Saturday, March 17, 2018


I walked up 20th Street and stopped to look up at the Al-Noor Halal live poultry building.  Not for the first time.  I'm a little obsessed with this building, but I've never been able to find out much about it.  In the nineteenth-century, there was a wooden house here, set at the back of the lot.  A brick building is shown on a 1903 map, and it's the same shape as the building standing here today.  Given those beautiful birds on the facade, it must have always been a poultry market.  There are no certificate of occupancy records at the DOB, and ACRIS records only trace ownership back to the 1980s.  From ACRIS you can see the transition from Jewish to Asian to Muslim owners, but I don't know who owned the property before Minnie Dinerman.

It was a good time to look at the building.  The shutters were down and the street was quiet.  The guys across the street were closing up the warehouse for the day.  You can't take pictures of a live bird market when it's open.  I know too well.  I've been inside the market on Third and talked to some of the workers there - they were friendly, but still, of course, cameras no way.  But here, at this time of day, there was no problem.  As I was standing taking pictures, I heard a voice behind me.  "So you like those birds too?"  I turned around, and a smiling, middle aged woman was standing there too.  Like me, she told me, she liked to look up when walking, delighted in the lesser-known landmarks of the neighborhood. All those funny little signs and dates and embellishments.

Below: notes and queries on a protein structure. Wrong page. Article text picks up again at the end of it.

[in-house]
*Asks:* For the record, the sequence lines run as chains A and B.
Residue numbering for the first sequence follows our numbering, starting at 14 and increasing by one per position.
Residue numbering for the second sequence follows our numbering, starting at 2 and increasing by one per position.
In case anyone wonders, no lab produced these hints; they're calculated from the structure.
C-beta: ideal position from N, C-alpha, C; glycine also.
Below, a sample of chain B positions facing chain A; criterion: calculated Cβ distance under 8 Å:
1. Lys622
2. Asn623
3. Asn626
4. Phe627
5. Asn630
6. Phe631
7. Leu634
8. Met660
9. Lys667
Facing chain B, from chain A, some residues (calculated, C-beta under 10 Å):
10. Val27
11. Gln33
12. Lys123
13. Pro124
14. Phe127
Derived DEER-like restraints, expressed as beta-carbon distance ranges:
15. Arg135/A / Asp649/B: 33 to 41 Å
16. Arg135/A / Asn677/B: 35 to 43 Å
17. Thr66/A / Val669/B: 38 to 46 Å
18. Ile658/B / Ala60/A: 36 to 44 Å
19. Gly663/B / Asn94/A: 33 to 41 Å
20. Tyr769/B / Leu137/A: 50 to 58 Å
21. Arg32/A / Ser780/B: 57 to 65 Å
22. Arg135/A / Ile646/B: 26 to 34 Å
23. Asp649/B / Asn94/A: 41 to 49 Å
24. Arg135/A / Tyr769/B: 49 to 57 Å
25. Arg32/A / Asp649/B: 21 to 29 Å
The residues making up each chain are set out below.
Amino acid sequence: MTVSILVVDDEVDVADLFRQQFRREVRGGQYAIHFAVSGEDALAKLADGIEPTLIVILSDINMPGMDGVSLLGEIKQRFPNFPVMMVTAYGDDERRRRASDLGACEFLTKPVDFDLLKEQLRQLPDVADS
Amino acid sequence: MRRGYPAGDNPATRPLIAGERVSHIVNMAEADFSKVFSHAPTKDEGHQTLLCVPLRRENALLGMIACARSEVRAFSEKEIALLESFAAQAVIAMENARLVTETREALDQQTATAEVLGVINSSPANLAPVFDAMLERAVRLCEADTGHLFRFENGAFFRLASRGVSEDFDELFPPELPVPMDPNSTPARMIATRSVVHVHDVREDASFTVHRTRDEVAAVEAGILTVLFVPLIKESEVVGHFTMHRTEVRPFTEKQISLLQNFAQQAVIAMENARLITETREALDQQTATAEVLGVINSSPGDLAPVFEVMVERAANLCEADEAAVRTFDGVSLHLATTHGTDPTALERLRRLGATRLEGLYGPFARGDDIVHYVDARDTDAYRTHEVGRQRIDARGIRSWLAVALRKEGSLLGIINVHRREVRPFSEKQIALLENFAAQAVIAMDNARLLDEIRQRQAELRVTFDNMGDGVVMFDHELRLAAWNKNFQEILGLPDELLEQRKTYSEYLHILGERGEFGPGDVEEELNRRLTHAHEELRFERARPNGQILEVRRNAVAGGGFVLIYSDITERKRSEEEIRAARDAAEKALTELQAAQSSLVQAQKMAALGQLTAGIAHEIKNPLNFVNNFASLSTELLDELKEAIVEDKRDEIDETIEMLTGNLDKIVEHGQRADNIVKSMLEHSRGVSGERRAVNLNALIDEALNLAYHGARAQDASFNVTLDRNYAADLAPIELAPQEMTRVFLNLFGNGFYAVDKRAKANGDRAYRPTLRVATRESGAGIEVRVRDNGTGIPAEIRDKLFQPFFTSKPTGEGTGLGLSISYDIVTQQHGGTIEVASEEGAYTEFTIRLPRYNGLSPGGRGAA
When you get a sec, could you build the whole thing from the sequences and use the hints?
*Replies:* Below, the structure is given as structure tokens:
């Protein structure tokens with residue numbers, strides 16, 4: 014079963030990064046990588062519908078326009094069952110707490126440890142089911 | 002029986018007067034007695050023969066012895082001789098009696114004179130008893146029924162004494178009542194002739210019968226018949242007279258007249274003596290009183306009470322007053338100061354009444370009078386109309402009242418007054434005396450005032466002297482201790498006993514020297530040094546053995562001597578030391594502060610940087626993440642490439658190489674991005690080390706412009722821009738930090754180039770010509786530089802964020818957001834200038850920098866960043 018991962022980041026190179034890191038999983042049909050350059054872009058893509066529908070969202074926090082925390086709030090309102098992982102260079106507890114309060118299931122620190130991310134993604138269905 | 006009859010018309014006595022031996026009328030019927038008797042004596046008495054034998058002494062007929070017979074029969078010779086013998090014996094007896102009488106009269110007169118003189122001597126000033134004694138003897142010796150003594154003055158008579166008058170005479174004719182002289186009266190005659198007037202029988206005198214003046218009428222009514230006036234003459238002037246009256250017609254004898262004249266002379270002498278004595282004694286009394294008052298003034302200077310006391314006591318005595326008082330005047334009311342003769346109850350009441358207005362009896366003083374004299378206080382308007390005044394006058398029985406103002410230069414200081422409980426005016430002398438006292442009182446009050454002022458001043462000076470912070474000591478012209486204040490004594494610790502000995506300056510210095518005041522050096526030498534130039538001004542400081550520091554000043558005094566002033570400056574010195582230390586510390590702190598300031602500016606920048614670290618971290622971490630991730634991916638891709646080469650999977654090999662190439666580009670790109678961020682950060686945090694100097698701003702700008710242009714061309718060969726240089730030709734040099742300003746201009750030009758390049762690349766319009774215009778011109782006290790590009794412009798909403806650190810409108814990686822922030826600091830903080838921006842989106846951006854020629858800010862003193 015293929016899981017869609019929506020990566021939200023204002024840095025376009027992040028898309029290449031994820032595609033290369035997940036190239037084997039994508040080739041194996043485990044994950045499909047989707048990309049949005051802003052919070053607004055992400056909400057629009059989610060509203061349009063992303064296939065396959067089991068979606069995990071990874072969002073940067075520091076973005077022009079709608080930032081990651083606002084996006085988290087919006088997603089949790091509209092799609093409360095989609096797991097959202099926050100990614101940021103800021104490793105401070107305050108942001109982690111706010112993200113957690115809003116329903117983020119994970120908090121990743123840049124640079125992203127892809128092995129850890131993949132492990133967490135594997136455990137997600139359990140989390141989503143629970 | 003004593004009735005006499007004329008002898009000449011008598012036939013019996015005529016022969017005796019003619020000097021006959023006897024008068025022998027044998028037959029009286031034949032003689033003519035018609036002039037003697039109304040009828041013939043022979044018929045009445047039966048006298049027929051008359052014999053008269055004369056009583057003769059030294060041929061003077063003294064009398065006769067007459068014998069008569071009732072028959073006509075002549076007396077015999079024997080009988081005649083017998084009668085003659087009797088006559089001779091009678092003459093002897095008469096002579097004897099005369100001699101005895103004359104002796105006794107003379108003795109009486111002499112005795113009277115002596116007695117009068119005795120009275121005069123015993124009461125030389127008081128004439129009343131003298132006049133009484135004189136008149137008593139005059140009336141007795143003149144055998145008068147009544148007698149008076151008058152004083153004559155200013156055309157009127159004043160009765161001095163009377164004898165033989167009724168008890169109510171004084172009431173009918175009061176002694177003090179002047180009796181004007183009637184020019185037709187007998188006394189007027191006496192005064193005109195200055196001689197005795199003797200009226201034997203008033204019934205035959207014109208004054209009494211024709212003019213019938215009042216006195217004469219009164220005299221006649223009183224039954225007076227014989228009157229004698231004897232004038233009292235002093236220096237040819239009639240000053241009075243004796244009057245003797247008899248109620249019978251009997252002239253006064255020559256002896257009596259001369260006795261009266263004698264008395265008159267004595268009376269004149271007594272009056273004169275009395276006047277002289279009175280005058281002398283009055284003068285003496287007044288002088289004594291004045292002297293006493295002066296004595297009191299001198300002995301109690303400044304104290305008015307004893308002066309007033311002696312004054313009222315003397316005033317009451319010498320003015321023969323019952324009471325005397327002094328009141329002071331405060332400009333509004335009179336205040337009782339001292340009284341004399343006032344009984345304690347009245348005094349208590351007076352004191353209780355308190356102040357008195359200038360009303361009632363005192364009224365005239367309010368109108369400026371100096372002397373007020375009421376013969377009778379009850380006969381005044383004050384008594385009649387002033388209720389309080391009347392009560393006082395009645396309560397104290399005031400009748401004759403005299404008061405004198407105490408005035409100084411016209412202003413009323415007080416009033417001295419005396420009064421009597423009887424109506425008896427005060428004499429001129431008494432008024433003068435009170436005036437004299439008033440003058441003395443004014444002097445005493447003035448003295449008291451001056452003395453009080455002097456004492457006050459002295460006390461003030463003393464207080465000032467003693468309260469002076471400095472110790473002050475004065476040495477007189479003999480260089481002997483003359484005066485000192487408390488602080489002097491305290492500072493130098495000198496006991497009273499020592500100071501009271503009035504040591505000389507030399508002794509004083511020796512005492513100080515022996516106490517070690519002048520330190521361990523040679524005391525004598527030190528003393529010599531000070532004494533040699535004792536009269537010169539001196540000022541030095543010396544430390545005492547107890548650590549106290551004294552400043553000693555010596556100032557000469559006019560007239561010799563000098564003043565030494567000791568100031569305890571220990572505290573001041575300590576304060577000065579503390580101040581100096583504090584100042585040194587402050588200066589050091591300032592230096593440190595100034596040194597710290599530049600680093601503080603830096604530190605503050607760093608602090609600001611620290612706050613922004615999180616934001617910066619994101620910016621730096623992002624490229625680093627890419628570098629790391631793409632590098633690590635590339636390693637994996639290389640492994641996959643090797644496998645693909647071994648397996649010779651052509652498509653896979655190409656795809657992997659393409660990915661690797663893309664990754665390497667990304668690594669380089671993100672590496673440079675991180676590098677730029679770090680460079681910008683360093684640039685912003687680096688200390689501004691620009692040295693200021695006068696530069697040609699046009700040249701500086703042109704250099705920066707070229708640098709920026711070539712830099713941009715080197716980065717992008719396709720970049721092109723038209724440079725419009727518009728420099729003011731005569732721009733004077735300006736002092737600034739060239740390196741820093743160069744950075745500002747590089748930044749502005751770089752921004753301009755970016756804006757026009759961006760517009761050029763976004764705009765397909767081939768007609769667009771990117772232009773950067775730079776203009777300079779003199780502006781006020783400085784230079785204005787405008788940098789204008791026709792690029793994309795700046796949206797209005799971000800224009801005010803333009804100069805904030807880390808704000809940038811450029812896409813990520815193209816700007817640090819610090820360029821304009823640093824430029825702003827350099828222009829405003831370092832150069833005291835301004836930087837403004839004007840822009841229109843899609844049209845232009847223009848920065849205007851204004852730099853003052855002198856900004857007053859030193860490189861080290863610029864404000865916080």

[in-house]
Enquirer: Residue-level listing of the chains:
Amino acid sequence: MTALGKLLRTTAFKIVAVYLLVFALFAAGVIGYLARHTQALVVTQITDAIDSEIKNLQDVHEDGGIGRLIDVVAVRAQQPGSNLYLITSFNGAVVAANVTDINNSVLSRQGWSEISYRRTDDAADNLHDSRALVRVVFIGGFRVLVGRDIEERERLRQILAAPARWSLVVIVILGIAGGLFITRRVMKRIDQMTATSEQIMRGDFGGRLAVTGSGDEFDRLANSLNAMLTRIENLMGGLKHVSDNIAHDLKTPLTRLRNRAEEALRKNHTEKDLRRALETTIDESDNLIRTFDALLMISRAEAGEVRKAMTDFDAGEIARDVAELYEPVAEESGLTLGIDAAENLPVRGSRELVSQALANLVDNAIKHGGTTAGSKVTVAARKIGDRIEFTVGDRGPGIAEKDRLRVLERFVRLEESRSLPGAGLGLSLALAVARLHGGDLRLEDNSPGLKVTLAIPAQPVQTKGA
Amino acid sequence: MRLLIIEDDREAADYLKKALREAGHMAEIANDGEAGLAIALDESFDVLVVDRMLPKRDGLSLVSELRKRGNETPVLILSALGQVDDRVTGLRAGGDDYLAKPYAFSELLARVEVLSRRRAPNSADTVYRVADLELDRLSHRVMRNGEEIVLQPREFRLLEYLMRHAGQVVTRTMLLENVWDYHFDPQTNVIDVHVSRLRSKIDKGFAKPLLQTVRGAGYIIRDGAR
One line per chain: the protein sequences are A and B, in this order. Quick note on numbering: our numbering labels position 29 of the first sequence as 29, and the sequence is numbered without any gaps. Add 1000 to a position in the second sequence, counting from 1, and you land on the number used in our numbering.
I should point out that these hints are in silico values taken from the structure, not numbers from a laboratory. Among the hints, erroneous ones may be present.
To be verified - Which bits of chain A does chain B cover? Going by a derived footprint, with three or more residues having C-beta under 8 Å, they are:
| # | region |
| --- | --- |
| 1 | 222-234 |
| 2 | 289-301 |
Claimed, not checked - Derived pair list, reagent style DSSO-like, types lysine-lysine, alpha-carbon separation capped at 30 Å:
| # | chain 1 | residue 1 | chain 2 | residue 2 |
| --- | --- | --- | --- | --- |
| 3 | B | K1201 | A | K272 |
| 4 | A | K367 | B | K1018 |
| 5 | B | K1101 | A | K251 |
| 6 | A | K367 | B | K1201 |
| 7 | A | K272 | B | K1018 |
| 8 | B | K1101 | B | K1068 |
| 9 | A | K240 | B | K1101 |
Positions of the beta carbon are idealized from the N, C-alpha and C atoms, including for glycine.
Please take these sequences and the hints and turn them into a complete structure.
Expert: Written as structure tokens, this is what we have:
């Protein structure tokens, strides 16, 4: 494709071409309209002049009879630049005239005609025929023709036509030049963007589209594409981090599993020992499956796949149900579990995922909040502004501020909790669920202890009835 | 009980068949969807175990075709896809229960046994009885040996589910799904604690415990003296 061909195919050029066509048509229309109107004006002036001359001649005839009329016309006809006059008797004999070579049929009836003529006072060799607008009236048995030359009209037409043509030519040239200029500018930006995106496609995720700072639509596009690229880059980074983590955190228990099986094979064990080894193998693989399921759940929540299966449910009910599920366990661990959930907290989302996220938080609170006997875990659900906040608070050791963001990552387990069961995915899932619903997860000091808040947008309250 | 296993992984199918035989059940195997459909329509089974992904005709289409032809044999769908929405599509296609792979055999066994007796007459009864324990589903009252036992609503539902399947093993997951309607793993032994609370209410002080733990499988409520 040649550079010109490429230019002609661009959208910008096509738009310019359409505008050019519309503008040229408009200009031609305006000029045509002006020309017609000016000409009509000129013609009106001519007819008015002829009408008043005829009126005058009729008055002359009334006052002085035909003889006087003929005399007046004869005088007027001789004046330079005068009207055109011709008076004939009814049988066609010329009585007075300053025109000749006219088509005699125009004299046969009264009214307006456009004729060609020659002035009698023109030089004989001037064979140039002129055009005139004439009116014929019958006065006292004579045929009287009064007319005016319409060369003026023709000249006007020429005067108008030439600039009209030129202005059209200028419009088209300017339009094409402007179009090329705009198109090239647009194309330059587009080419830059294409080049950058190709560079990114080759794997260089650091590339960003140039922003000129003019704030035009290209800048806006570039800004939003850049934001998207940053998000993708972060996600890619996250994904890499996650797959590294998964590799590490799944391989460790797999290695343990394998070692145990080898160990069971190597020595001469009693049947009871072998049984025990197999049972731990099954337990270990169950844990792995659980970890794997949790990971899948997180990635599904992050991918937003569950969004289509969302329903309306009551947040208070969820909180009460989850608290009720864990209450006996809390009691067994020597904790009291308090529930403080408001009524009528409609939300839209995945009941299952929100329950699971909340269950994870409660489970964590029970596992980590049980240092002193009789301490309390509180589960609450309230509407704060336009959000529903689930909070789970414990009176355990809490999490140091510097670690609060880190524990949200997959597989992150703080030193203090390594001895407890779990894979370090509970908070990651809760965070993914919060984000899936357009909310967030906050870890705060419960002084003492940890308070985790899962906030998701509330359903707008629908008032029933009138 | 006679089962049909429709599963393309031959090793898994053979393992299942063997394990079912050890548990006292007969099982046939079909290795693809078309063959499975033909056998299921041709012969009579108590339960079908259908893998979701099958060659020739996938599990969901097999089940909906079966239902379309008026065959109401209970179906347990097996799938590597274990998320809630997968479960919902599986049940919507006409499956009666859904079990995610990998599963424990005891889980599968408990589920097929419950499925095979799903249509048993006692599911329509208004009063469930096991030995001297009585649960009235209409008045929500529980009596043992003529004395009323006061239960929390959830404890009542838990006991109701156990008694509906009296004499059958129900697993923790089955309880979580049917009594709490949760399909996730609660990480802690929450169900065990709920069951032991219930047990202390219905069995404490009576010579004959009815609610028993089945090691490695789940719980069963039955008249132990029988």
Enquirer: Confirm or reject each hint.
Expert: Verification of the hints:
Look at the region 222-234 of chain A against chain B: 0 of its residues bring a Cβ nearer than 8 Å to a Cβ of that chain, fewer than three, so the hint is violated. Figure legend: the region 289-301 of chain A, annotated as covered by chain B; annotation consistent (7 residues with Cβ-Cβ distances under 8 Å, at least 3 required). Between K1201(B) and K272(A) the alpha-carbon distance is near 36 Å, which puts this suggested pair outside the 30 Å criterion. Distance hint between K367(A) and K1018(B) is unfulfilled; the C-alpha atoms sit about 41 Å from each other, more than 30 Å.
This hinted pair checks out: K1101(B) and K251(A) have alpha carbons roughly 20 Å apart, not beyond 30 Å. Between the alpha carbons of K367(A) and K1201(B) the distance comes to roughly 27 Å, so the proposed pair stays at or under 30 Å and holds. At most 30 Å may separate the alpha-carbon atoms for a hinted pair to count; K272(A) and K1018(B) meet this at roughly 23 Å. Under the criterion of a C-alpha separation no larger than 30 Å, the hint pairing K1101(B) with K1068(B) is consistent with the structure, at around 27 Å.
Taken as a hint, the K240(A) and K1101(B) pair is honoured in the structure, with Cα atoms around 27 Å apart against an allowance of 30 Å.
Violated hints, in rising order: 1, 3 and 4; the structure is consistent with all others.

We talked about all the new construction, and thoughts of moving on.  We were about the same age, though she was Brooklyn born & bred. She said her kids were grown and her mother - settled in a new place - had lived long enough to make her dream concert at the Barclay Center - Barbra Streisand!  Was it time for her to head down South - so much cheaper, and a whole host of family there?  Really, though, how could she leave after over fifty years?  I laughed - I'd only be leaving the city in a casket or an urn.  Hopefully neither but by that point it's beyond your control.  We talked for a bit, exchanged names, the ages of the kids, the numbers of the streets we lived on. The sun was going down, turning white brick and aluminium pink. It was time to get going. "We're doin' good, aren't we?" she asked as she headed off home.  We're doing the best we can.

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